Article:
Think Out Loud

Multnomah County DA Mike Schmidt makes case for reelection

By Sage Van Wing (OPB)
April 26, 2024 3:45 p.m. Updated: April 26, 2024 8:21 p.m.

Broadcast: Friday, April 26

District Attorney Mike Schmidt speaking at a podium while a small crowd of political leaders stand behind him.

FILE - Multnomah County District Attorney Mike Schmidt speaks at a press conference at the Multnomah County Courthouse in Portland, Ore., on Dec. 14, 2022. Schmidt is running for reelection against one of the top attorneys in his office, Nathan Vasquez.

April Ehrlich / OPB


Multnomah County District Attorney Mike Schmidt is facing a challenge from one of his own senior deputy attorneys, Nathan Vasquez. Schmidt came into office as a reformer, with the goal of ending mass incarceration and racial disparities in the criminal justice system. We talk to Schmidt about his tenure, and his case for why he deserves to be reelected. We talk to Vasquez on Monday, April 29.

Note: The following transcript was created by a computer and edited by a volunteer.

Dave Miller: From the Gert Boyle Studio at OPB, this is Think Out Loud. I’m Dave Miller. Multnomah County District Attorney Mike Schmidt came into office about four years ago as a reformer with the goal of addressing mass incarceration and racial disparities in the criminal justice system. Then came massive protests and COVID shutdowns and drug decriminalization and a public defender crisis. Now, he’s facing a re-election challenge from one of his own senior deputy district attorneys, Nathan Vasquez. We’ll talk to Nathan Nathan Vasquez on Monday. Mike Schmidt joins us today to talk about why he thinks Multnomah County voters should give him another four years as a top law enforcement official in Oregon’s largest county. Welcome back to the show.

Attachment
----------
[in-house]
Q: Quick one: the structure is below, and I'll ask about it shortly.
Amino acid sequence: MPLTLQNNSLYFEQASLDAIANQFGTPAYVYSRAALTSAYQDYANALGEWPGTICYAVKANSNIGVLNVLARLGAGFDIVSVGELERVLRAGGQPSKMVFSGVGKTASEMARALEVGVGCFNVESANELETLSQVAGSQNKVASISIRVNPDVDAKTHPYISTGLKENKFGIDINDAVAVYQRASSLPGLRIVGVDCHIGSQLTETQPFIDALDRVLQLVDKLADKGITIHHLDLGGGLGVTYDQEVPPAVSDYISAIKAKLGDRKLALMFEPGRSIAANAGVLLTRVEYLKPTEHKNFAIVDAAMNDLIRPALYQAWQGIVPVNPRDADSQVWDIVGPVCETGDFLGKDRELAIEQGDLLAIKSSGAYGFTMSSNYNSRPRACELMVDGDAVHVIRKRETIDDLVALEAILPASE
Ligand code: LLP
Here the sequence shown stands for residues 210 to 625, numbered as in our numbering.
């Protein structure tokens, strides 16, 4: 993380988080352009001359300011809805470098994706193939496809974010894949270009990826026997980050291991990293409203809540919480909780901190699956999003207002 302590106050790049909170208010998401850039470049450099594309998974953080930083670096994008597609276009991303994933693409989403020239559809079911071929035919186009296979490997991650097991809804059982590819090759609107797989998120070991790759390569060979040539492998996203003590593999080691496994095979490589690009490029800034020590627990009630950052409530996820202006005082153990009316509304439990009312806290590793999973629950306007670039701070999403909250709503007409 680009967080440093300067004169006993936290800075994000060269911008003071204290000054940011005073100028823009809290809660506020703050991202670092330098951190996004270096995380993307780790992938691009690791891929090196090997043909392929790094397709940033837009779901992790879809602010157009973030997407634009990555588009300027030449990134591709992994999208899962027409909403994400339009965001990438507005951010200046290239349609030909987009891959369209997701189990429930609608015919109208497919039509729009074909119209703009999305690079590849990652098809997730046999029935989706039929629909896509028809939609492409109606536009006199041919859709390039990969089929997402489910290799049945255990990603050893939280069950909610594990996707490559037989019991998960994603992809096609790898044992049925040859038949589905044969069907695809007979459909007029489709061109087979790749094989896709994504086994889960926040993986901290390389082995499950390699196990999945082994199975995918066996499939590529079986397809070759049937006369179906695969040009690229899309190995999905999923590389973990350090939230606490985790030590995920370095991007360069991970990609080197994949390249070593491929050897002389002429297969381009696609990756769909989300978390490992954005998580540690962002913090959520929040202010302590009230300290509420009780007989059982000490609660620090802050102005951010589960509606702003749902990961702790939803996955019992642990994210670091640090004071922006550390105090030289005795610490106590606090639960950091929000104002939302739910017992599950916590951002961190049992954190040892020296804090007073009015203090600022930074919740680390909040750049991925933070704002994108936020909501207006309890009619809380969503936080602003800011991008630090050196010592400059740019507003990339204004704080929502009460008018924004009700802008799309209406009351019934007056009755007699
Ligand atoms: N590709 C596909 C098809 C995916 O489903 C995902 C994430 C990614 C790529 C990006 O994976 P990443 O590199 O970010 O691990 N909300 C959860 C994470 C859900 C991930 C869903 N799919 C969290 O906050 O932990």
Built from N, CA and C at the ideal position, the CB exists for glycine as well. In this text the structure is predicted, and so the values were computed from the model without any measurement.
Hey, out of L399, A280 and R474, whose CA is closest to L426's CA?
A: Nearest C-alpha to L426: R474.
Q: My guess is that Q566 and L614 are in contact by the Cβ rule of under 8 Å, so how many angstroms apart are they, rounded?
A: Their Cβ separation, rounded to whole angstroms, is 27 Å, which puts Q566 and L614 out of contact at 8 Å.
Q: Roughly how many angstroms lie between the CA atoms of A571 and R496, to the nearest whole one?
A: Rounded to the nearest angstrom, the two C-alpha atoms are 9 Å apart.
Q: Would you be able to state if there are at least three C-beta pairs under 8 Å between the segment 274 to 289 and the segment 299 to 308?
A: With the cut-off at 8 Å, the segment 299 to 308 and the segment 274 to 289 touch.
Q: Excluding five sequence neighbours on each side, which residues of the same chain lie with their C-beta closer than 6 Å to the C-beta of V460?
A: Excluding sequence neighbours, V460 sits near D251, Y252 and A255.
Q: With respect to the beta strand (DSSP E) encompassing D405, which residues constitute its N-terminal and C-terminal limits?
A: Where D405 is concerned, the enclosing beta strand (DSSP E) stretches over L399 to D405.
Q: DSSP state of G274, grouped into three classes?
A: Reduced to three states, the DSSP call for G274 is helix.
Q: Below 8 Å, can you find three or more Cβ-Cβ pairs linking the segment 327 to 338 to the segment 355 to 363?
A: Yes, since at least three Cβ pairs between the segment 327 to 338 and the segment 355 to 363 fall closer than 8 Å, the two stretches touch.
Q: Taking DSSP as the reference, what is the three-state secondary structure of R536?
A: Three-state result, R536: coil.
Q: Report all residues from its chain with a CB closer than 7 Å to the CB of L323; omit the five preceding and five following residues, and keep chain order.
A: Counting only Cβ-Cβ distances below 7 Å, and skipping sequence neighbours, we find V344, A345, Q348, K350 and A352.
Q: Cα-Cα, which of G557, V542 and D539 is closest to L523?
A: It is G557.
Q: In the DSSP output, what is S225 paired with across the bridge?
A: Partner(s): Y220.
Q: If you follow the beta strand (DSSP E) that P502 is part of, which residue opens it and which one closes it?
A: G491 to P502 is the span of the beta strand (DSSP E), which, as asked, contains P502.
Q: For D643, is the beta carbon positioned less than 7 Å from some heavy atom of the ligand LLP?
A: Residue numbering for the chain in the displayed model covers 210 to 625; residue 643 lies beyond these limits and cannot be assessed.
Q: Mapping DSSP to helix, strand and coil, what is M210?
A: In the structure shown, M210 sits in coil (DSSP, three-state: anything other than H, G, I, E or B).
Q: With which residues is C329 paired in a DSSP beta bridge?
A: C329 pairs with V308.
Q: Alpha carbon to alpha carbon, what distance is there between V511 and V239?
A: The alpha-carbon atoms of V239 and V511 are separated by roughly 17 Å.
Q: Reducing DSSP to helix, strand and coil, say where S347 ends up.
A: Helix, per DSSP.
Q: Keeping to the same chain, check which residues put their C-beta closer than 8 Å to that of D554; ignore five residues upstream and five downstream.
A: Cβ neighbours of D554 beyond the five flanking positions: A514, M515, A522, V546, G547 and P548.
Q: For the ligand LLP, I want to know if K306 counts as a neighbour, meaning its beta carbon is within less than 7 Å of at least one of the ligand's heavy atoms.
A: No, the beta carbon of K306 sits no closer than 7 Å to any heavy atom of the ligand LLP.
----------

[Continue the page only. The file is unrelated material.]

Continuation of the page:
Mike Schmidt: Hey. Thanks, Dave.

Miller: I’m going to start with crime rates. Violent crime spiked to record levels in the last couple of years while you were at the top law enforcement official in the county. This was a nationwide phenomenon, but that’s not really comforting to Multnomah County residents and in fact, homicides, the rate of increase was higher in Portland than many other cities. Do you think that you bear any responsibility for the rise in crime rates as DA?

Schmidt: I think district attorneys are part of our criminal justice system and there are things that we can do, but you can look historically through the decades at crime rates rising and falling and while we can play a role, there’s so many other environmental factors that influence these things. Obviously, a pandemic had a massive disruption across our country, but there are other local decisions. The amount of guns on your streets and how accessible they are, those can help fuel especially violent crime. So there are local policy decisions. And then as a district attorney, it’s my job to enforce the laws and when people are arrested, to prosecute them.